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Land Preparation Operations Part 1: Understanding the Palay. Check System
Can rice grow in this field? What do you observe?
To prepare the land well for planting… TILLAGE • Loosens soil mass to facilitate good root development • Incorporates organic matter and fertilizers to the soil • Kills weeds and pests through plowing • Facilitates good water drainage and distribution [better field operations, better harvest quality]
IMAGINE THIS Where can you easily pass through? The people represent the soil, you are the roots.
A well-prepared land can be achieved by: Primary tillage – initial cutting of the soil where crop has been grown and harvested. Field after first plowing
A well-prepared land can be achieved by: Secondary tillage – subsequent cultivation of soil after primary tillage. This operation breaks soil clods to incorporate materials thoroughly into the soil. Field after secondary dry working
Tillage: 3 ways Wetland tillage – soil is tilled in saturated or flooded condition. This is the usual way. Dryland tillage – done in upland/rainfed fields to obtain mellow, firm seedbed for seeds to germinate, control weeds, and incorporate materials into the soil. Wetland Dryland combination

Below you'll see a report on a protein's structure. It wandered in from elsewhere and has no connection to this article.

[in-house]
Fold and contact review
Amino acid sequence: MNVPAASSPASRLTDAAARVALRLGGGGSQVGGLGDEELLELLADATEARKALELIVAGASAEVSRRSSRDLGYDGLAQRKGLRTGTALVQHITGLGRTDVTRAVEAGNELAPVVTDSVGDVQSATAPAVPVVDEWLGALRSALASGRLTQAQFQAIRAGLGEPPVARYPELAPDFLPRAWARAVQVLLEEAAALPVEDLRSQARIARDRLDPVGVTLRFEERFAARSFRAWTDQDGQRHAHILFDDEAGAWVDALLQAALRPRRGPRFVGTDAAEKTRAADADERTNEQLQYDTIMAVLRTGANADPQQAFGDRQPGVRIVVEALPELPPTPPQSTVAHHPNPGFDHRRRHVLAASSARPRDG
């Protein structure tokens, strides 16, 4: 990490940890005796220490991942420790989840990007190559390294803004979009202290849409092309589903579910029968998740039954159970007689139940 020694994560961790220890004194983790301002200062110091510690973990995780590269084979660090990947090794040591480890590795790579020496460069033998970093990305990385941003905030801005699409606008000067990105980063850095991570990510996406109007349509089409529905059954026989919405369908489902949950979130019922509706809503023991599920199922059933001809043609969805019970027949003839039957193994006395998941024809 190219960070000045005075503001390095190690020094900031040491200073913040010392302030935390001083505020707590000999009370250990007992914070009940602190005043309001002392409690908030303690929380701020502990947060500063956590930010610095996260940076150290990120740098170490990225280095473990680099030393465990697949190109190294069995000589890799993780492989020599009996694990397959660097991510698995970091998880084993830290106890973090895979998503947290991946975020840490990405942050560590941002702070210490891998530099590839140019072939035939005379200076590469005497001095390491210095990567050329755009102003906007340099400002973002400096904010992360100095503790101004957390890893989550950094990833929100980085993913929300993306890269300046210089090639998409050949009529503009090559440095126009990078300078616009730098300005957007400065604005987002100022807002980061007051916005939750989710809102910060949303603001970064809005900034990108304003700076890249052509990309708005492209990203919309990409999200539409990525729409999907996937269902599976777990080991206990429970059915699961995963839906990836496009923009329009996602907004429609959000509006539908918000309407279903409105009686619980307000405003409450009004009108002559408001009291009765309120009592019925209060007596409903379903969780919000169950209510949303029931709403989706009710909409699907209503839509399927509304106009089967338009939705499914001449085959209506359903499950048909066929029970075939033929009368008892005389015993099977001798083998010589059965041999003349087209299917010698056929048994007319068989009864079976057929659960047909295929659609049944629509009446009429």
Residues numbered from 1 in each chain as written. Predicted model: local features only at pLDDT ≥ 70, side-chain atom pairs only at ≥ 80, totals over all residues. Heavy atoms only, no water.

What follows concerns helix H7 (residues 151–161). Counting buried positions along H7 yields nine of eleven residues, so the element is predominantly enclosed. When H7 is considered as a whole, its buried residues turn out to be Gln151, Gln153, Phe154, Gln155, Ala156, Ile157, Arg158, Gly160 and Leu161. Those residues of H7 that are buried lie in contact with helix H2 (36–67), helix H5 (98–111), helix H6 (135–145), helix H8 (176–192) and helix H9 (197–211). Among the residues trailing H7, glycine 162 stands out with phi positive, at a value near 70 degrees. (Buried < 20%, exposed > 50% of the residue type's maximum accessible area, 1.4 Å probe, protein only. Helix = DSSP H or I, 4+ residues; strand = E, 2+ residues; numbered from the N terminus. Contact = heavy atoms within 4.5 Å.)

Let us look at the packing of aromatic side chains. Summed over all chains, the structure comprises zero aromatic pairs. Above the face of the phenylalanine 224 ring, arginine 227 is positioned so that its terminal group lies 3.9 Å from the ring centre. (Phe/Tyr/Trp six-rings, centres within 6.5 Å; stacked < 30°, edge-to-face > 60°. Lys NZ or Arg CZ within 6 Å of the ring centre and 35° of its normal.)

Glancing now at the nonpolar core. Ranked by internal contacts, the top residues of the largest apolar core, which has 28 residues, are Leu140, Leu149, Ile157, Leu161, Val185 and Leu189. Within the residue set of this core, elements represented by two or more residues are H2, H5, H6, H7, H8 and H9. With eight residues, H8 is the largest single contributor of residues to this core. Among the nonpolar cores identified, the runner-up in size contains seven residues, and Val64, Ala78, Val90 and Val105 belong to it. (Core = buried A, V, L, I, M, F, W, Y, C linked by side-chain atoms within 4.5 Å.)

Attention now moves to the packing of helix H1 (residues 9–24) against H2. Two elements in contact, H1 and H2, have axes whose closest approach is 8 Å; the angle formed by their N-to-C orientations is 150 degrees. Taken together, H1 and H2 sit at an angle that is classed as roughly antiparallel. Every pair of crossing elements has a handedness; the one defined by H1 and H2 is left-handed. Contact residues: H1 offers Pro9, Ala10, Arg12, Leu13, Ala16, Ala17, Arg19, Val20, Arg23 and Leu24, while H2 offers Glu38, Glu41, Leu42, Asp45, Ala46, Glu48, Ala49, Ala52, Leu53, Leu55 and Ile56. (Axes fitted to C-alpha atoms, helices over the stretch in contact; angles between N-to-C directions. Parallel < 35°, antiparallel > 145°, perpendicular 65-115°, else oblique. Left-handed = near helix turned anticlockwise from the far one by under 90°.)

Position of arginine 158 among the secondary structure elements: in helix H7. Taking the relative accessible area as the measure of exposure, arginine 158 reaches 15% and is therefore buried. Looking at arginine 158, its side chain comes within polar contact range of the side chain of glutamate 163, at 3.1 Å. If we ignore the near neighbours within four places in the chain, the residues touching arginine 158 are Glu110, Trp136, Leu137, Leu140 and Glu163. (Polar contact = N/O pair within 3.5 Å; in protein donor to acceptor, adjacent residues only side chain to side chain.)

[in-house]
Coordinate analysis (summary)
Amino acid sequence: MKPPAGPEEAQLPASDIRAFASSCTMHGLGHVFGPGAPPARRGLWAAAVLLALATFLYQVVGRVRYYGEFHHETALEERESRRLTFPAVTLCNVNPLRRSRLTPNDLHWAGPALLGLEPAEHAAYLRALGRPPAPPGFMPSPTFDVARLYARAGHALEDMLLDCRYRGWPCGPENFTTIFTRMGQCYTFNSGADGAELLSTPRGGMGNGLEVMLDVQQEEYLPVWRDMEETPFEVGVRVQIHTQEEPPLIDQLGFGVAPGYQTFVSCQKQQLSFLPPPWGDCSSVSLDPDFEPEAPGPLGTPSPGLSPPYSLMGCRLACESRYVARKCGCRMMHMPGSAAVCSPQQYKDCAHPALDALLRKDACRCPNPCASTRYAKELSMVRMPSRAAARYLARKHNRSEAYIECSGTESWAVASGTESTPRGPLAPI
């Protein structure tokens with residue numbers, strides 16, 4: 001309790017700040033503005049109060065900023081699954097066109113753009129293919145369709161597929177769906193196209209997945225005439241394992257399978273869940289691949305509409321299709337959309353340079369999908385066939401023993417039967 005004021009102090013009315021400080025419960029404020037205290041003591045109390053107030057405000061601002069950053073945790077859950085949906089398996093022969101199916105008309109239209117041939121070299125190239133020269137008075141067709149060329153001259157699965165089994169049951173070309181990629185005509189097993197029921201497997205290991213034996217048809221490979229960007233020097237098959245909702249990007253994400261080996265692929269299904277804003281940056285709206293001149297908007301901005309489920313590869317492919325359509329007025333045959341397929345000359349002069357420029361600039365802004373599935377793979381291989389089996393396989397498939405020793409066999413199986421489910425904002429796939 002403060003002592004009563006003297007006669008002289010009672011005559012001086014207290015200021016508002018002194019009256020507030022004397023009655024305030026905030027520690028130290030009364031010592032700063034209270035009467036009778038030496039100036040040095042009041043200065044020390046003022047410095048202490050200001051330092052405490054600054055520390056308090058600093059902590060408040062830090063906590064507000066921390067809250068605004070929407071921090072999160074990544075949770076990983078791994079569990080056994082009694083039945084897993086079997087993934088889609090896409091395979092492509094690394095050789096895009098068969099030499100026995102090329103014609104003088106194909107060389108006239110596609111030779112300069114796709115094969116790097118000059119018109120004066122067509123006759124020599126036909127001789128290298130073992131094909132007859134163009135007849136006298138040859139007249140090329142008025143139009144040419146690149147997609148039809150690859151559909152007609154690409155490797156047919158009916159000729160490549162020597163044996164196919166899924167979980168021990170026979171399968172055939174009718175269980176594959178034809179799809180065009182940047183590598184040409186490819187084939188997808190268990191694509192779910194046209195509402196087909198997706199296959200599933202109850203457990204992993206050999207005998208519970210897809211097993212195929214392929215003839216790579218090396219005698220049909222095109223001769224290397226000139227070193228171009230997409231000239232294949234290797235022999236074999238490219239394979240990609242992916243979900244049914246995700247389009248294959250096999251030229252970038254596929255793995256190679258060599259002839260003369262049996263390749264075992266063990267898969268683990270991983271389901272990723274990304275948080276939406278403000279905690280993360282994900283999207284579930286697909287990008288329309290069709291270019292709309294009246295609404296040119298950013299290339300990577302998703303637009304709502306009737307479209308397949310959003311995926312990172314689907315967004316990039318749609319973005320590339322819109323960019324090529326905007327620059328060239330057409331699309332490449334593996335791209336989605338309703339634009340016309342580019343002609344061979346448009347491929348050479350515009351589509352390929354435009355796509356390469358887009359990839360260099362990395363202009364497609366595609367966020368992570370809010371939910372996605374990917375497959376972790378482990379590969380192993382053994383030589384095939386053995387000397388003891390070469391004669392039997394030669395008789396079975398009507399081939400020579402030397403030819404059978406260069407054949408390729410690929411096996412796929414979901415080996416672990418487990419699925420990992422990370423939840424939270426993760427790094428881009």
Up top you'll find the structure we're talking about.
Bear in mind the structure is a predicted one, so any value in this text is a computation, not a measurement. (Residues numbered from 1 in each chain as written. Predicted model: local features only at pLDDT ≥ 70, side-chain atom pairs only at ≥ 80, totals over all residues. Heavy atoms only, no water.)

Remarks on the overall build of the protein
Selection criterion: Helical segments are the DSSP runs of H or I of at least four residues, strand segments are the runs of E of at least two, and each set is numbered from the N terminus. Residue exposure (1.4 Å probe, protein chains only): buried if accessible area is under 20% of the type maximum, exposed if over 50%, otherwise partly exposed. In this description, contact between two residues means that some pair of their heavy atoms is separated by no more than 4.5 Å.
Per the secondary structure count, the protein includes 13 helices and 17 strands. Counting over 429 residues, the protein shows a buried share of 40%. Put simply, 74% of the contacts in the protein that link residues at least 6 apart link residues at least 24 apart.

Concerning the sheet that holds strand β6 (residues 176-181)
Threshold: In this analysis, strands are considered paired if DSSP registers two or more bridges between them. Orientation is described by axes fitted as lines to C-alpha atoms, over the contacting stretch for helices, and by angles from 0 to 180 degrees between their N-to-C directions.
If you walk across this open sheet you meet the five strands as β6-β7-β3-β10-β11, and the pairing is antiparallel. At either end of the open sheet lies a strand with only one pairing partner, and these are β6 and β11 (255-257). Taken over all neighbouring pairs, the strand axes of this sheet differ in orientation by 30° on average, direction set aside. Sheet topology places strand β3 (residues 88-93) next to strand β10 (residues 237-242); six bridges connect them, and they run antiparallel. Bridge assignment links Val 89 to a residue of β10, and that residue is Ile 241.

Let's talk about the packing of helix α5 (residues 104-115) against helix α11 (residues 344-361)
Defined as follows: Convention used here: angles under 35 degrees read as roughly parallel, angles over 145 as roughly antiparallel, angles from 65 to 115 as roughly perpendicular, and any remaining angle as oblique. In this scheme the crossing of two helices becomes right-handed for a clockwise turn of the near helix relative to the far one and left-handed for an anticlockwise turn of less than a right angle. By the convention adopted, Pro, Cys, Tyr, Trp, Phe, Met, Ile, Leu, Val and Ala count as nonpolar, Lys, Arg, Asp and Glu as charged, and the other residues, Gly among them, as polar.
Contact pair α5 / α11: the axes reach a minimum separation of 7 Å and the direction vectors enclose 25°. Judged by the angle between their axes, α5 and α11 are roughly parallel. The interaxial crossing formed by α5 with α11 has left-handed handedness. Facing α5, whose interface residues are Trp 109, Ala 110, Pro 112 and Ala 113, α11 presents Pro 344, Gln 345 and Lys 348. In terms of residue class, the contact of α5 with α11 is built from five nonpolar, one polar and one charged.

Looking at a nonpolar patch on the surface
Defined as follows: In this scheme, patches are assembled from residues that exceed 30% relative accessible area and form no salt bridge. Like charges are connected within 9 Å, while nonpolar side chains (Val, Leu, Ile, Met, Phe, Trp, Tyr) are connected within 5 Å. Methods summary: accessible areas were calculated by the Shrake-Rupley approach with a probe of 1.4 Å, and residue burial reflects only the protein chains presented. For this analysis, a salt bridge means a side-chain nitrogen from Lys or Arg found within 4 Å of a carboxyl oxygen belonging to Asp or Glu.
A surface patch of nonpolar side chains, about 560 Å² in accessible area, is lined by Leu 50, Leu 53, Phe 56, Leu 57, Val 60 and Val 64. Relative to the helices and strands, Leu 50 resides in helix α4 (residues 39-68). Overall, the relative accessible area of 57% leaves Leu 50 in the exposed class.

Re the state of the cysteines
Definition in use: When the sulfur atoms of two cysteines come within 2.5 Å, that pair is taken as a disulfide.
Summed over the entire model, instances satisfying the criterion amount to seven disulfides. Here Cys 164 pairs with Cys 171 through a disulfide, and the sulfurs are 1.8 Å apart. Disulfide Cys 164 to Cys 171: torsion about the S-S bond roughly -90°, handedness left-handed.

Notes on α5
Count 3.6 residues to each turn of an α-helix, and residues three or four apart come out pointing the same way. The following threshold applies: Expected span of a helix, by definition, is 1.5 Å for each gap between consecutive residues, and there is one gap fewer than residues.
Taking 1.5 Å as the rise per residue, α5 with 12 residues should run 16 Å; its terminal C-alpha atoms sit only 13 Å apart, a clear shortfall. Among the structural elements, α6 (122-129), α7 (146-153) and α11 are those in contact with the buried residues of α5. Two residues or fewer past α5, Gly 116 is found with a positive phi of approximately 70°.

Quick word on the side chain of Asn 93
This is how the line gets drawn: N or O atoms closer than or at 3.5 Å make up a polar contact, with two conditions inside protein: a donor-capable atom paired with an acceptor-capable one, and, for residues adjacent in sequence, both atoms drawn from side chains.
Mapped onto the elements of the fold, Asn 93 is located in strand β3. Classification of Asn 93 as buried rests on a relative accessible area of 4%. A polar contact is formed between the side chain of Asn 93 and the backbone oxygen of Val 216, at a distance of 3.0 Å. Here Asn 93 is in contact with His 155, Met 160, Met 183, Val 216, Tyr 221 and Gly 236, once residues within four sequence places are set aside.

Major Wetland Tillage Activities • Clean the field Cleaning of Dikes Scattering of straw REMEMBER: Dikes must be cleaned to remove pest and compacted to prevent seepage
Major Wetland Tillage Activities • Soak the field Submerge at least 3 days to soften soil clods. Let water drain naturally to allow weed seeds to germinate.
Major Wetland Tillage Activities • Plow the field While field is submerged, plow counterclockwise, finishing at the center.
Major Wetland Tillage Activities • Side plow For areas not reached by normal plowing Do it in an opposite direction to the normal plowing
Major Wetland Tillage Activities • Harrow the field 1 st harrowing is done along plowing pattern 2 nd harrowing is done crosswise